As I powered up the PSVR to play the recently released Skyrim VR, I wondered whether this was yet another company's lazy cash grab exploiting a new tech fad, or a genuine new step for the franchise. This was my third first time playing it. First released in 2011, the same exact game now had four releases across half a dozen systems, with only minor graphical upgrades. While the transition from PS3 to PS4 didn't exactly leave me floored, it seemed the transition to VR could potentially be its most radical reformulation yet.
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I played a lot of make-believe as a child. I'd take my dad's spare gun holster and draw guns made of air from it, or steal my sister's cape, emblazoned with an S for her first name, and fly around like Superman. But you reach a point where making pew pew noises becomes gauche. So as an adult, if you want to play make believe without getting committed, you'll need something like Playstation VR's Aim Controller.
Virtual reality finally arrived. Self-driving cars started wandering streets and past red lights. SpaceX aborted a rocket launch four times within a week. Samsung started strong with the Galaxy S7 and finished with the Note7 nuking itself into orbit while you slept.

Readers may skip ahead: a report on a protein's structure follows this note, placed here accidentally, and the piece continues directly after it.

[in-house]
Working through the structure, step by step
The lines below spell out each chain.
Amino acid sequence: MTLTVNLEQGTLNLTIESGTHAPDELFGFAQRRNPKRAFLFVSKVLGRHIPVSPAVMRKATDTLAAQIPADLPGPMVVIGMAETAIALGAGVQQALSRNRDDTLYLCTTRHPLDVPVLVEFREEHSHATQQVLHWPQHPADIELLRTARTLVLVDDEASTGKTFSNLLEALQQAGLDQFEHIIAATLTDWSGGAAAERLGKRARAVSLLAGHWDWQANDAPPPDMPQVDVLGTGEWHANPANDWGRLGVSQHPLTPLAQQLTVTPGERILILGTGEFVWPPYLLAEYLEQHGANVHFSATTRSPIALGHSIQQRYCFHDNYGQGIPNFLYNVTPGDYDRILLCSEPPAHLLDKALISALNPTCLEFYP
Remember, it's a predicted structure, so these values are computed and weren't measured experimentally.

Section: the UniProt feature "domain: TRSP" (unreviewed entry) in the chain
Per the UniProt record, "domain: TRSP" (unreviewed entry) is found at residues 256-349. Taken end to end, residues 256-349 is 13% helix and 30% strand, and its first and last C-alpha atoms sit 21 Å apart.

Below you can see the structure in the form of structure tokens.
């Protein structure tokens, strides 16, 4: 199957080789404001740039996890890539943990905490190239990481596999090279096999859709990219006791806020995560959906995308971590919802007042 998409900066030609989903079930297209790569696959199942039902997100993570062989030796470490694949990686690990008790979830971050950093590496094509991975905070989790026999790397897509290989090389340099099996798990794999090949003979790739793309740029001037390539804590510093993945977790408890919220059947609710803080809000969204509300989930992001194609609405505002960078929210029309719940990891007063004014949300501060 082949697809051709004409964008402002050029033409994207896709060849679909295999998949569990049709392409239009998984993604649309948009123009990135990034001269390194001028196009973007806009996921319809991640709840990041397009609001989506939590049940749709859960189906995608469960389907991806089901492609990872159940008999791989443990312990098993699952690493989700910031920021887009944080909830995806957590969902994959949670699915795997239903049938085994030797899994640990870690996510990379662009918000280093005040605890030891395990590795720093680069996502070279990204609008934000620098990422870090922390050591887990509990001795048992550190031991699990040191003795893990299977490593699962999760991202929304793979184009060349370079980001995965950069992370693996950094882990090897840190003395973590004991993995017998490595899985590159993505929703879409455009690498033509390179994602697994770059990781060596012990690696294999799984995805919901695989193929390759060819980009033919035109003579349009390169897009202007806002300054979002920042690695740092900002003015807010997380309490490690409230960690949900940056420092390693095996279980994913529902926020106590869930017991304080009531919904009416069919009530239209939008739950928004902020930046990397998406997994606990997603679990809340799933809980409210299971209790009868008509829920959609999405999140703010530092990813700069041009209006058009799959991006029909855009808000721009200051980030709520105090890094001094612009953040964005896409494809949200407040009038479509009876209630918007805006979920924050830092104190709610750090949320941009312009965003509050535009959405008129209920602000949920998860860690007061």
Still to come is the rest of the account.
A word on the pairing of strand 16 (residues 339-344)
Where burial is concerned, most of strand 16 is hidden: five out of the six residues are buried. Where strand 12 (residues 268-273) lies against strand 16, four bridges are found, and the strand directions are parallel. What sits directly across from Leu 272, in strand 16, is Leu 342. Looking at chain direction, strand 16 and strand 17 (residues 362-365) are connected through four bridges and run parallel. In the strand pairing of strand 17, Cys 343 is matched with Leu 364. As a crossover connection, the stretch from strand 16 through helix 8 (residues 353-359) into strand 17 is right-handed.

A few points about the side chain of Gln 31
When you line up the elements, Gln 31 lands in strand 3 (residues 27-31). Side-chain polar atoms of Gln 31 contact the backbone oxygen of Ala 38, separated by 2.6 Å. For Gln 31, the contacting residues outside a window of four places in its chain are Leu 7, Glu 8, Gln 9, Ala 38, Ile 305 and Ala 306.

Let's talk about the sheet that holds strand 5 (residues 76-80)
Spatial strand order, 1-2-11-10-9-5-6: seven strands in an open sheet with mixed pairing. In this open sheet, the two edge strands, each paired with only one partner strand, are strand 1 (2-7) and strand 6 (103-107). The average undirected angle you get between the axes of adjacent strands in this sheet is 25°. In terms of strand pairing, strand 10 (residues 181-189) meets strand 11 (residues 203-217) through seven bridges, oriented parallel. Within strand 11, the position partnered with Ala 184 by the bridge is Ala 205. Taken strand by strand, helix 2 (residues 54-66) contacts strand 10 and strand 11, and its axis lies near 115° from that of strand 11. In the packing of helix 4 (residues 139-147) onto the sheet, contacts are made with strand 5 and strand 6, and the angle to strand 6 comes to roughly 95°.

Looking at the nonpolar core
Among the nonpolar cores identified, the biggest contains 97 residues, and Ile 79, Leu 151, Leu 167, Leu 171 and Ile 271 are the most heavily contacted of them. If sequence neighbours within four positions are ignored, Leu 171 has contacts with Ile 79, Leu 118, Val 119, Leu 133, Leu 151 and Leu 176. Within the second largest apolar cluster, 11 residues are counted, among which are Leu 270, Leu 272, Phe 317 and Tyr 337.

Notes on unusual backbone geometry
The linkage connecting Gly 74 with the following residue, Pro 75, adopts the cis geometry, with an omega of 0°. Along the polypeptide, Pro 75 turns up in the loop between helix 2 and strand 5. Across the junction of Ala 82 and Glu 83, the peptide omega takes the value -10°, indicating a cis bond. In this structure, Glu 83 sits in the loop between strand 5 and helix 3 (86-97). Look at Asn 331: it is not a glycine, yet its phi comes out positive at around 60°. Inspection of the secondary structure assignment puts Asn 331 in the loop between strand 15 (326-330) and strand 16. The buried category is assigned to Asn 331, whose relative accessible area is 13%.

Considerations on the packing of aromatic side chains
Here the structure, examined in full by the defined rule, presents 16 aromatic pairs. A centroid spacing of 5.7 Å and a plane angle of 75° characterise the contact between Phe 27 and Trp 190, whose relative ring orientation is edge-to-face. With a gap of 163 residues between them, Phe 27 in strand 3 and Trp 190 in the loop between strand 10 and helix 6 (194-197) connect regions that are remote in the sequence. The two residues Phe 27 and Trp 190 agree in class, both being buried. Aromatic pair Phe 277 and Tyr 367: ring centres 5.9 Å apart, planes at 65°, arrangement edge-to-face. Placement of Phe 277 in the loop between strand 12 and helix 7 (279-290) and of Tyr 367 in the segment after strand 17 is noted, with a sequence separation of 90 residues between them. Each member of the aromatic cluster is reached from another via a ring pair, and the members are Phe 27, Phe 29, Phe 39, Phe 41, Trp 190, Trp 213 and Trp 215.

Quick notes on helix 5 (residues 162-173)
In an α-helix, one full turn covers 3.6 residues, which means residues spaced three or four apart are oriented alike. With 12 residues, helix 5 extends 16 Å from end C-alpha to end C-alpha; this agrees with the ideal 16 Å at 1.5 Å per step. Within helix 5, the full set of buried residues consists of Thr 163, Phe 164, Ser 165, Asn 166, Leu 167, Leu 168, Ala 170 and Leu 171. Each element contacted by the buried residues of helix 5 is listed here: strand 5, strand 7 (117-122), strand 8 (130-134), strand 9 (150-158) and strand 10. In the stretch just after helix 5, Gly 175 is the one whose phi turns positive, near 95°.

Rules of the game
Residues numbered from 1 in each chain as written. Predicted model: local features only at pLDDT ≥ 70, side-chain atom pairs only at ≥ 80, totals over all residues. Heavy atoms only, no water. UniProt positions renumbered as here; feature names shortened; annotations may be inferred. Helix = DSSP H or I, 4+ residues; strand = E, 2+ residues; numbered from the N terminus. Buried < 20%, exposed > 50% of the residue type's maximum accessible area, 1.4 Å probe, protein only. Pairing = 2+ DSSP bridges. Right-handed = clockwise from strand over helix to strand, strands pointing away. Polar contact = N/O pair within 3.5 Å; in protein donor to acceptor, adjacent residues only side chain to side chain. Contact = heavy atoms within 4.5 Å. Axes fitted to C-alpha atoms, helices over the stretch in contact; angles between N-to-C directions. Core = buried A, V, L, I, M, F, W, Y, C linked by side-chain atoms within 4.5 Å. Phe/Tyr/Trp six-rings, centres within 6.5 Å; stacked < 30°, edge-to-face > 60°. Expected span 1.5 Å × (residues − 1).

We had new graphics cards, and most of them were pretty damn good. Consoles broke the mould by releasing new hardware mid-cycle and becoming more like PCs than ever before. And, unsurprisingly, we found out once again that Einstein really knew his shit.
It's been a big year for tech. Let's break down this year's biggest moments.
2016 is the year that VR is actually getting good. You can click a few buttons on the internet and a Vive or a Rift will appear on your doorstep a few days later -- although you'll have to pay through the nose -- for your gaming PC, which is more powerful than ever. Or you can buy a PlayStation VR instead.
Or, down at PAX Aus in Melbourne in November, you can try all three -- in a dedicated 'VR Freeplay' area, with three-directional treadmills that let you walk around in virtual reality.